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What Happened To Our Shared Understanding of Mental Health? Thoughts From a Preeminent Psychologist

Illustration of man with brain showing | Berkeley Therapist Jesse Whittle-Utter

·Early in my training as a therapist I attended a workshop by psychologist, professor and author Nancy McWilliams. The subject (What Happened To Our Shared Understanding of Mental Health?) took aim at how the mental health profession has largely embraced the medicalization of human problems, with a much greater emphasis on what can go wrong—disorders—than on what a healthy psyche consists of. As a result, mental health treatments tend to focus on the removal of the disorder, rather than the cultivation of the whole person. The absence of pain, she argues, is not the same as being mentally healthy.

This idea has stayed with me over the years as I work with clients who struggle to feel alive and fully themselves, even when there is no disorder to point to. It is so easy for our modern lifestyle—with the demands of work, constant technological connectivity, and unfettered busyness—to gradually numb us to our inner vitality. It is nearly inevitable. And as many mental health professionals (particularly psychiatrists) focus on zapping symptoms, the underlying lack of general mental health goes unaddressed.

Clients often ask me whether a certain thought, feeling or behavior is “healthy” or not. This question indicates how far we as a society have drifted from a shared understanding of what mental health is, so much that we have to ask experts to guide us back. What McWilliams outlined in her workshop the major components of what mental health consists of, and I have laid them out simply below, with my personal reflections on what they mean:

Love, Work & Play

As human beings we need all of these in equal measure. Without loving relationships, we become depressed, anxious and bitter. Without work, we feel listless, disempowered and often purposeless. Without play, we accumulate toxic stress and cut off a huge part of our social selves. In American society, and especially in professionally competitive and economically powerful places like the Bay Area, work ends up taking the lion’s share of people’s time and energy, to the exclusion of love and play.

Secure Attachment

Secure attachment refers to our ability to connect to and trust important people in our lives; to give and receive love without anxiety or fear; and to be vulnerable with trusted others. Without secure attachment, we cannot benefit fully from the richness of human relationships. Many people who have had difficult childhoods or have suffered abuse struggle with secure attachment, because trust in others has been so damaged in the past. Developing a more secure attachment style is one of the potential benefits of psychotherapy.

Autonomy/Sense of Agency

Feeling that we have the power to make choices and shape our lives, and to be free from the control of others, is a potent ingredient of mental health. This is one reason why adolescence can be such a difficult period: it is the time when children transition to adulthood and experience conflicting needs for both dependency and independence. It is also why high-pressure jobs (like so many in the tech industry) leave people feeling anxious and exhausted: these work environments and power structures strip away, to a grotesque degree, one’s agency over how they spend their time.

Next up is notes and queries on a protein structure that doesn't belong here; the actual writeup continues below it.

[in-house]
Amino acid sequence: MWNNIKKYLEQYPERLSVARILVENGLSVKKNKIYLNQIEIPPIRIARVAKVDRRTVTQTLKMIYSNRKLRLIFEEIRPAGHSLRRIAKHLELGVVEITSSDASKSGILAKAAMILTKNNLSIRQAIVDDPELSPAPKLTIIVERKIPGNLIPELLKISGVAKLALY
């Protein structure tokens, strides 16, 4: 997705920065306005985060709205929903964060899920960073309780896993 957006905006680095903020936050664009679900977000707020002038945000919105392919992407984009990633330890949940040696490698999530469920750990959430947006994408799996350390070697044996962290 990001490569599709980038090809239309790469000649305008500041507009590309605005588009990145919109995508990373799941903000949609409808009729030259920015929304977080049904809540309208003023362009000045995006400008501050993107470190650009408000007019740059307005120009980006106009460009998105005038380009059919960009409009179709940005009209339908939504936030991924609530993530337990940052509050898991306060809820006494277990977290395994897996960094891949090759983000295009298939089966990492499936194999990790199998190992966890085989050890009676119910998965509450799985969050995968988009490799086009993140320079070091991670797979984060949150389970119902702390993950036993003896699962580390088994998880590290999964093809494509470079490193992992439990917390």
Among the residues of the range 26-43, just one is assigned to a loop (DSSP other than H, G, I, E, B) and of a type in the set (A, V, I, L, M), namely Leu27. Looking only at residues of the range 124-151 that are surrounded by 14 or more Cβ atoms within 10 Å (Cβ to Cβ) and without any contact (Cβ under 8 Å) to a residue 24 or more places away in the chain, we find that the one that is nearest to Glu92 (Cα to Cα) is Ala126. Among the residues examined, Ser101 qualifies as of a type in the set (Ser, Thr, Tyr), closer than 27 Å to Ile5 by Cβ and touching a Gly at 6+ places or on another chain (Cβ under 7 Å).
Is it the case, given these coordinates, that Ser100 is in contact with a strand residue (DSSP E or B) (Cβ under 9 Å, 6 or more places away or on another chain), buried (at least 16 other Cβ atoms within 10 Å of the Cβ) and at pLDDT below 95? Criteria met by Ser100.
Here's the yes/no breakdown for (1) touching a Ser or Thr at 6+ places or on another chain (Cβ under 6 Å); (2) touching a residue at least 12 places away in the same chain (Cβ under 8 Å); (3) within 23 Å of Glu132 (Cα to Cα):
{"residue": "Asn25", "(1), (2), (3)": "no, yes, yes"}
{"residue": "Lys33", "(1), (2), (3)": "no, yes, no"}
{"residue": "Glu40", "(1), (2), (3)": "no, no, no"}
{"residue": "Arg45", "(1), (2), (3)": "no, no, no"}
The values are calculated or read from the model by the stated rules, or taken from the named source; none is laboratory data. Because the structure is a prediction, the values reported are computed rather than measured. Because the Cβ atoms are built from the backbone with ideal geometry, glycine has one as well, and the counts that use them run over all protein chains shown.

Self and Object Constancy / Identity Integration

Here McWilliams is referring to our sense of ourselves and our identities as stable and constant, as well as trusting that important others in our lives will also remain stable and reliable. If not right now, can you think of a time in the past when you felt you didn’t know who you were (what qualities, values and identities reflected your unique personhood?) Or when you didn’t know that the people around you would continue to show up for you in the ways that mattered? This kind of insecurity is stressful and generates fear and unhealthy coping behaviors.

Ego Strength and Resilience

“Ego Strength” sounds like clinical jargon, but refers to something any therapy client can recognize: the ability to tolerate a wide range of thoughts and feelings, especially the more difficult, painful or disturbing ones. The “ego” is the part of your psyche that is the “I”, the part that consciously witnesses and experiences life. I like to think of it as a tree: while what happens in the earth and sky are separate from it, the tree is vitally connected to both. A strong ego would be like a tree that can endure a terrible earthquake or hurricane (powerful and scary thoughts and feelings) and remain standing. A weaker ego would break under the pressure, which usually is experienced as incapacitating overwhelm or dissociation (“checking out” or going numb).

Realistic And Reliable Self-Esteem

It is essential to mental health that we like ourselves, while also remaining aware and tolerant of our shortcomings. This can be a difficult endeavor, especially if we were shamed, criticized or abused in our past—in which case we may think we are all bad or “more bad than good”, unloveable/unlikeable, unworthy, or an impostor. On the other hand, we can develop an unrealistically positive view of ourselves, without humility or self-reflection. This tends to happen as a way of overcompensating for deep shame, and is a hallmark of narcissism. Each extreme represents an inflexibility in our self-perception that is at odds with reality. Being able to like ourselves without needing to be the greatest is an important pillar of mental health.

I will post another entry soon with the remainder of McWilliam's major categories.

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